The Final Choice
Published 08th November 2010 - 1 comments - 1372 views -
Last evening, in a friendly discussion with a scientist friend of mine, my idea of combating Climate Change by conscious human choice to change life-styles (with a drastic reduction of consumption) along with a conserver economy (with resource re-distribution to reduce stark differences in life style standards between the poor and rich nations – tackling poverty, malnutrition, lack of education amongst others) and effective environmental governance (managing deforestation, habitat loss, species extinction amongst others) came under serious scrutiny and criticism. While this is hardly a subject that can be discussed over a cup of coffee, the main objections that my learned friend put forward were these:
a) Human choice, in the context of life in general, is hardly conscious. A conscious choice demands a perfect informative perspective, which is a near impossibility. Therefore, humans can not consciously reduce consumption by sacrificing life styles they have gotten used to.
b) A conserver economy, by definition the one that produces just enough to be consumed by population with practically zero waste and with an emphasis on spending within means, is a freakonomy, particularly looking at a world obsessed with growth.
c) Effective Environmental Governance is an ‘ideal’ concept, not necessarily valid in a world which is far off from a consensus about the scale of the damage and it’s accountability between nations.
The questions are by no means trivial. I feel compelled to answer them.
Human choice is a highly debated issue, admittedly. How much consciousness plays a part behind human choice can also be argued. I shall prefer not to be dragged into the nature and function of human consciousness itself except mentioning that the role of consciousness being absolutely psychological and something ‘out-of-body’ is not valid anymore – in fact, if I am not wrong, consciousness is thought to be subject to the same evolutionary pressures that our genes are. Richard Dawkins has come up with the term, meme, in this context. So I am not in favor of making a sweeping comment like ‘Human choice is hardly conscious’. Not at least when I take the meaning of ‘consciousness’ as a pattern of decisions by huge number of people over a substantial period of time.
Life throws us alternatives and since we cannot live with all the alternatives, we take decisions and choose. I will admit that up to a point our decisions are questionable even by our own selves because in most cases we are unable to assess the alternatives on account of their complexities and our own limitations. And this ineptness is skillfully exploited by consumerist economy by engaging us with huge numbers of choices (for consumption). However, our choice becomes conscious in proportion with the importance of the issue with our life. Nobody chooses a life partner the way one chooses a deodorant. A deep value related question is associated with almost all severely important decisions of our lives, marriage, education, place of domicile – you name it. I find it almost paradoxical why such deep value related questions will not be associated with our ways of life, when such ways of life are connected to consumption of resources and such consumption of resources are directly linked with CO2 emission and thereby Climate Change.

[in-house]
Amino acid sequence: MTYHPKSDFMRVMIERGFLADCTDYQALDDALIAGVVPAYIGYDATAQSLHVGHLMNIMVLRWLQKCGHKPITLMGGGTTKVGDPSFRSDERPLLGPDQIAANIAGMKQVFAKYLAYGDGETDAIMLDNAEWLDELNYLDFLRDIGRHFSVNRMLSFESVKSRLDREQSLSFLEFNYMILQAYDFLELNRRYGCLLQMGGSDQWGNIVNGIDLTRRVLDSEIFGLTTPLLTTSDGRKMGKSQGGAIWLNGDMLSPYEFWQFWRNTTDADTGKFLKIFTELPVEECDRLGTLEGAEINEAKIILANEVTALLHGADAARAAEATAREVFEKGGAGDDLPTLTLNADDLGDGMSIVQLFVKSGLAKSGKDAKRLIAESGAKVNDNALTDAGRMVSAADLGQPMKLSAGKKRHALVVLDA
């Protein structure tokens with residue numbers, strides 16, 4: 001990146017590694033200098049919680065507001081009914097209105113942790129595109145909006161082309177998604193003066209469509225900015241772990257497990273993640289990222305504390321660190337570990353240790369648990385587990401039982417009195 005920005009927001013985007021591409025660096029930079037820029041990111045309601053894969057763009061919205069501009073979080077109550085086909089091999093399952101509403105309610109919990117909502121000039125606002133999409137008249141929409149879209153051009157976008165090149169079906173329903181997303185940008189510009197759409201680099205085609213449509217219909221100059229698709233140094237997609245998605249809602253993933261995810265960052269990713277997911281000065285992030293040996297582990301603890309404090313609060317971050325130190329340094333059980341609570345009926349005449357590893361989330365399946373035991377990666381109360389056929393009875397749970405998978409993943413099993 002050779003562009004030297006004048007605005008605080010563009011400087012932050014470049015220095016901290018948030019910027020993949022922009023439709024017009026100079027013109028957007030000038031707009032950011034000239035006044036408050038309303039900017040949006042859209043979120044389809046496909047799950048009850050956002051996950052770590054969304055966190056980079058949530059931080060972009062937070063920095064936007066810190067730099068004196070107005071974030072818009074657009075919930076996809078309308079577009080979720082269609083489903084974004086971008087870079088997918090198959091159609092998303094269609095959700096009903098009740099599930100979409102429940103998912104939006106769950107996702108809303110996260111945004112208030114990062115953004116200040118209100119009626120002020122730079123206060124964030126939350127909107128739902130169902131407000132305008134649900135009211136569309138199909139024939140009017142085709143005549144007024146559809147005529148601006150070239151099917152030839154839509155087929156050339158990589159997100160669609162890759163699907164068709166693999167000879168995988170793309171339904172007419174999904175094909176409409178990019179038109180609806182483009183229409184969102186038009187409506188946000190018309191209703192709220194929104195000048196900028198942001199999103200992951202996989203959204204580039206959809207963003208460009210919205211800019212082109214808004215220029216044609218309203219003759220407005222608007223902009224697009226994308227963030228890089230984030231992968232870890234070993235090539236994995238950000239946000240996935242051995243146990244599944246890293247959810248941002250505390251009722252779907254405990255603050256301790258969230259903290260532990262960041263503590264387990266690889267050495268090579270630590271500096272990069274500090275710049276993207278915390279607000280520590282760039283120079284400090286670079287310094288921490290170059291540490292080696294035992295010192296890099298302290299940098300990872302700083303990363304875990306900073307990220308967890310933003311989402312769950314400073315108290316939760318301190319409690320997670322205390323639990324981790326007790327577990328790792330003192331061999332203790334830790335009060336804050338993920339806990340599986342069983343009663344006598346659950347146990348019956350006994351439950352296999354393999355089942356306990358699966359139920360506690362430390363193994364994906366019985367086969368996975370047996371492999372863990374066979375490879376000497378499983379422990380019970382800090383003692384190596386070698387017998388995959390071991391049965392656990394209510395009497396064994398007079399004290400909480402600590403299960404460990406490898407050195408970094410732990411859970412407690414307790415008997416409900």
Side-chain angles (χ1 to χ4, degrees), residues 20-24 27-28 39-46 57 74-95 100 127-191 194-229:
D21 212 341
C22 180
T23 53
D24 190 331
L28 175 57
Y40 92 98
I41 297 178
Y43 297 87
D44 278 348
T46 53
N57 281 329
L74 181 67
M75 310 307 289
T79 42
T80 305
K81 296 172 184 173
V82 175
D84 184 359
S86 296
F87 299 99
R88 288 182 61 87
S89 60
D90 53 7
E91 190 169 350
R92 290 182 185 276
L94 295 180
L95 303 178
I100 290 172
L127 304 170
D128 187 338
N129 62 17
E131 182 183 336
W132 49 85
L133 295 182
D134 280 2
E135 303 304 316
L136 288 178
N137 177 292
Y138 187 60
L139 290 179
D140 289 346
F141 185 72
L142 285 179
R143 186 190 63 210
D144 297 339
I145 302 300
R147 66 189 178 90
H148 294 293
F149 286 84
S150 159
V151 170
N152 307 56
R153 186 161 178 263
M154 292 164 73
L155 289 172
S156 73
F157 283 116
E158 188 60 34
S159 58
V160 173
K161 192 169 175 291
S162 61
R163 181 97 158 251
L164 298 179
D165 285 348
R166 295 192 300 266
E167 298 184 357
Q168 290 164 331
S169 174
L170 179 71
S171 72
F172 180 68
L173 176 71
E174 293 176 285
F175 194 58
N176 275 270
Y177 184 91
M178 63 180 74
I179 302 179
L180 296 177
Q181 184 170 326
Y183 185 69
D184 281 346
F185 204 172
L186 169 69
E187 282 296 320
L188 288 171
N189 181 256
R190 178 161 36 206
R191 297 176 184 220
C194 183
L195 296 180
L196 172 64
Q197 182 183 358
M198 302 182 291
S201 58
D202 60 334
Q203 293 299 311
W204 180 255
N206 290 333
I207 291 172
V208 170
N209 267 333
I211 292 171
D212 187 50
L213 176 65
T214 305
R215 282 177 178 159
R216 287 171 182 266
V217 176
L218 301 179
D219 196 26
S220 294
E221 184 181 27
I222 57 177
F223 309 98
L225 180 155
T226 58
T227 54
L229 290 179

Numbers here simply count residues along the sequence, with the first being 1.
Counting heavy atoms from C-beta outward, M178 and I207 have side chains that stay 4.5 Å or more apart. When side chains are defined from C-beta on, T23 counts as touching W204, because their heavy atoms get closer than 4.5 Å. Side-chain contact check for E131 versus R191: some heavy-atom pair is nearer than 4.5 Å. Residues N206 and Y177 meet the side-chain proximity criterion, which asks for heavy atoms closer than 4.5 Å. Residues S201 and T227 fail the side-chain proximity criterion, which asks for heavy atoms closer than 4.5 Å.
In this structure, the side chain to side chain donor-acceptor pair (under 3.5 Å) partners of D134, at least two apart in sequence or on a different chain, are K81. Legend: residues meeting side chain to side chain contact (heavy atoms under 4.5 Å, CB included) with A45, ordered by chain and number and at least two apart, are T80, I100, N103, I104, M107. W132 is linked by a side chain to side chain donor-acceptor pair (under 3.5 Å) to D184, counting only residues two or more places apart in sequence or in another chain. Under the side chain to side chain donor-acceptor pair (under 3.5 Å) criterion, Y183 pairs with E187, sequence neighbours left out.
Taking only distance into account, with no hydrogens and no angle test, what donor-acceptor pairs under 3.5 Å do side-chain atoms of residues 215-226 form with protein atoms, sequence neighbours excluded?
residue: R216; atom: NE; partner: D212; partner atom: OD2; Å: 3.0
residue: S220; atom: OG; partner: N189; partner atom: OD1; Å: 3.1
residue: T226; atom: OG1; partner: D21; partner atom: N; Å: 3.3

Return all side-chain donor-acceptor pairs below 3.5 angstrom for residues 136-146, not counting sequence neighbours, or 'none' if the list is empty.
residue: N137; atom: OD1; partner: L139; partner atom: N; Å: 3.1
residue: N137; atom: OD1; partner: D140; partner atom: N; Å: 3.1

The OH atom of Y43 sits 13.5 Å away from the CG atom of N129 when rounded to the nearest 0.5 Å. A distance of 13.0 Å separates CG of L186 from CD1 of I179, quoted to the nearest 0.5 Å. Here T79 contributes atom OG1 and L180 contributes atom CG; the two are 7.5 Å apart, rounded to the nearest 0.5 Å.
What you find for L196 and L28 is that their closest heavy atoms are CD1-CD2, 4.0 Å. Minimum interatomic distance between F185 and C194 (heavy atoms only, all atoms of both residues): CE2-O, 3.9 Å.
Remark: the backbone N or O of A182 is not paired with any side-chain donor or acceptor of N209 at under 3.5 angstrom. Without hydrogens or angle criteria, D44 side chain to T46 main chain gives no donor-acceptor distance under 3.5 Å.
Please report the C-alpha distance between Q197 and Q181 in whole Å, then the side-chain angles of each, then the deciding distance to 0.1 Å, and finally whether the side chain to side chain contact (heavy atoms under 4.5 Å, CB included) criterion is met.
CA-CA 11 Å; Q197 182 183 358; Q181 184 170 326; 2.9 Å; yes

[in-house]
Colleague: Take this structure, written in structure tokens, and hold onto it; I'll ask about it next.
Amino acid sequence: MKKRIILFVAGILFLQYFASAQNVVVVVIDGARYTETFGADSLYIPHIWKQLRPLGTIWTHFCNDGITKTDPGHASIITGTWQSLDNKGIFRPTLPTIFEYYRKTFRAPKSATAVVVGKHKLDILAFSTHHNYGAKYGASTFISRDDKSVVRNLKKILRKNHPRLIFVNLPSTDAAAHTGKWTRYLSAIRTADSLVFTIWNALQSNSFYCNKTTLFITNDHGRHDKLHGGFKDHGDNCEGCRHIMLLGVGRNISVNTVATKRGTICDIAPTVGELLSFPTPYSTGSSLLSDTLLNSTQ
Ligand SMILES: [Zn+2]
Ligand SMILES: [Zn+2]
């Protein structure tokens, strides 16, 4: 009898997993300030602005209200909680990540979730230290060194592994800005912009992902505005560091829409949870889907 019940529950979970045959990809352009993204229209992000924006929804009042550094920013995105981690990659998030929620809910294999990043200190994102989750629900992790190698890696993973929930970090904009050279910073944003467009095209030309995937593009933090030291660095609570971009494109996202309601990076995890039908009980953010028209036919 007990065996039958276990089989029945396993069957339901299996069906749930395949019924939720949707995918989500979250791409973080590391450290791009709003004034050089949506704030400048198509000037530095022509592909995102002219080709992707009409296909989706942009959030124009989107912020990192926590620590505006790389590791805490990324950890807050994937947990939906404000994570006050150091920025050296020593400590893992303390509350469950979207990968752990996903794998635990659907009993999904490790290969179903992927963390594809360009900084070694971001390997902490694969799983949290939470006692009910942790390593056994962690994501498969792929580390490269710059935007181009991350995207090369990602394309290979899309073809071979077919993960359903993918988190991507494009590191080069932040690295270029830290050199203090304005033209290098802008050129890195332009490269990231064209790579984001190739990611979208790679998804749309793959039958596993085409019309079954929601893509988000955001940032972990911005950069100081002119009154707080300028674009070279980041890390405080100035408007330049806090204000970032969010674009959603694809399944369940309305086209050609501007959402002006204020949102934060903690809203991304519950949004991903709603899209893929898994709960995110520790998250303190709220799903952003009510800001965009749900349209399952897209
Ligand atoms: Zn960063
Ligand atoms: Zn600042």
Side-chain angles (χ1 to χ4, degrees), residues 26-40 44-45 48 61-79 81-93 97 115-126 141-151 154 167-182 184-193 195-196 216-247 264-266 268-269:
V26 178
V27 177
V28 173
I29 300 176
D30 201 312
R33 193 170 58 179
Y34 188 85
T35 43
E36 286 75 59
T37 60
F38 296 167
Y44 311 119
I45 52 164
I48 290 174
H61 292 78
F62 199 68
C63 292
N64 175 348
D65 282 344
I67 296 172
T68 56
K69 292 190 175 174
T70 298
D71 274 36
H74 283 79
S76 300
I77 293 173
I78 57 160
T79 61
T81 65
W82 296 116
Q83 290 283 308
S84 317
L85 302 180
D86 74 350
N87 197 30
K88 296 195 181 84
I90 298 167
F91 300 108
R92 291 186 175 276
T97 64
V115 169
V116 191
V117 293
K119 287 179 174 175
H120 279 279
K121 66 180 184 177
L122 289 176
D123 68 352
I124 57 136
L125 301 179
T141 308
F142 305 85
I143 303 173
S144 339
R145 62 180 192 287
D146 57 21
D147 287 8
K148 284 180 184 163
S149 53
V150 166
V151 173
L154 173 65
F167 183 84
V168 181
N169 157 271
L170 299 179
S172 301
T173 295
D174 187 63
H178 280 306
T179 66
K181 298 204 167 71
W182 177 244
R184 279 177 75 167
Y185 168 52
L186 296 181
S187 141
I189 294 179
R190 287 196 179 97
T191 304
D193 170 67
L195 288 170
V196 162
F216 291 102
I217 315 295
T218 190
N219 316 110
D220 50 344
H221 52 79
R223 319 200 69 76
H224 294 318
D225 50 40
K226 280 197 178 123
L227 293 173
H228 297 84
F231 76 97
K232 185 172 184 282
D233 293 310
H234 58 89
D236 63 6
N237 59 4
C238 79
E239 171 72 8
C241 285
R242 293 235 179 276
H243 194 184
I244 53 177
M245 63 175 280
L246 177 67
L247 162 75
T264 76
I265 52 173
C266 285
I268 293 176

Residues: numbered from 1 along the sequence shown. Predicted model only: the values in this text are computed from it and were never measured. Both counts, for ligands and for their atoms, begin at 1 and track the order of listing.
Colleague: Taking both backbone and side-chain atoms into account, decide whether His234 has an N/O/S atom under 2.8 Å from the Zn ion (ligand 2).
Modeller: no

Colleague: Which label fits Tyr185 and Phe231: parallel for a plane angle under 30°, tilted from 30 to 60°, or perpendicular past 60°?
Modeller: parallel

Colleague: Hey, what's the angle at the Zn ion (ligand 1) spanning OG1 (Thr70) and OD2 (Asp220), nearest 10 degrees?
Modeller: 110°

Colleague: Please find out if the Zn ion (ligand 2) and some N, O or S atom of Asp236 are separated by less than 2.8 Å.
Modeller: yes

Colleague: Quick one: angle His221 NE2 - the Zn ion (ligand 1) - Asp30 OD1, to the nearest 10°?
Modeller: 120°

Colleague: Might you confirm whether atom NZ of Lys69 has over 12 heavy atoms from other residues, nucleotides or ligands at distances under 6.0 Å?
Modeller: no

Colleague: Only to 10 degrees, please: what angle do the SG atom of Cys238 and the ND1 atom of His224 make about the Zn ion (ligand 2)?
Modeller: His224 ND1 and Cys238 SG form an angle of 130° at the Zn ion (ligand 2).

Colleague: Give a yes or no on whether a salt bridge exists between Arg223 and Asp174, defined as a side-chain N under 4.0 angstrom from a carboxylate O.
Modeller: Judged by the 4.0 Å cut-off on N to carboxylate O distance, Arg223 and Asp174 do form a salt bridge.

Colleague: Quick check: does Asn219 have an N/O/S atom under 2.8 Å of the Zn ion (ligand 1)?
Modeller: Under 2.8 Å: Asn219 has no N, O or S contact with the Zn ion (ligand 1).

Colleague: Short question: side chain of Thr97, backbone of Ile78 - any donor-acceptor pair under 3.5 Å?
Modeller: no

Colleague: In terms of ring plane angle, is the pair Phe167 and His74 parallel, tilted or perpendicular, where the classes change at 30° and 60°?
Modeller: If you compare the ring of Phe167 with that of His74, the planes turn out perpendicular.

The second and third questions are basically the same in as much as that a single answer would suffice.
The paradox that I mentioned here is in itself the answer. Our approach to modern life is almost cut-off from any deep value related questions about it. We have the least idea of the implications of the things we do, we buy, possess and own and waste – we have practically no knowledge about the price of our so-called growth beyond the tag that a producer put on a product. When we buy a house, a car or board a flight, we are only vaguely aware about what exactly is consumed from nature to make our choice happen. When we own and lawfully protect our right to own, we hardly understand that the total cost of such ownership can NEVER exclude the possibility of infringing upon the same right of ownership by others. All material possessions ultimately draw from the same pool of resources on earth and none can have any exclusive right on that pool. I do not hold anyone guilty for such ignorance but any circumlocution that tries to dilute this basic truth, in my opinion, should be viewed with alertness and skepticism.
Any lack of conscious intent to make a smart choice is due to such ignorance. I see the inevitability of conscious human choice to change life-styles to a radically new, low-consumption, low-waste and low-energy mode because, in my opinion, there is very little choice left to us to do otherwise. The present ‘rat-race’ is not going to continue for too long. If one such as I, at one non-descript corner of earth, with so limited understanding of things can sense it, I hope, everyone can.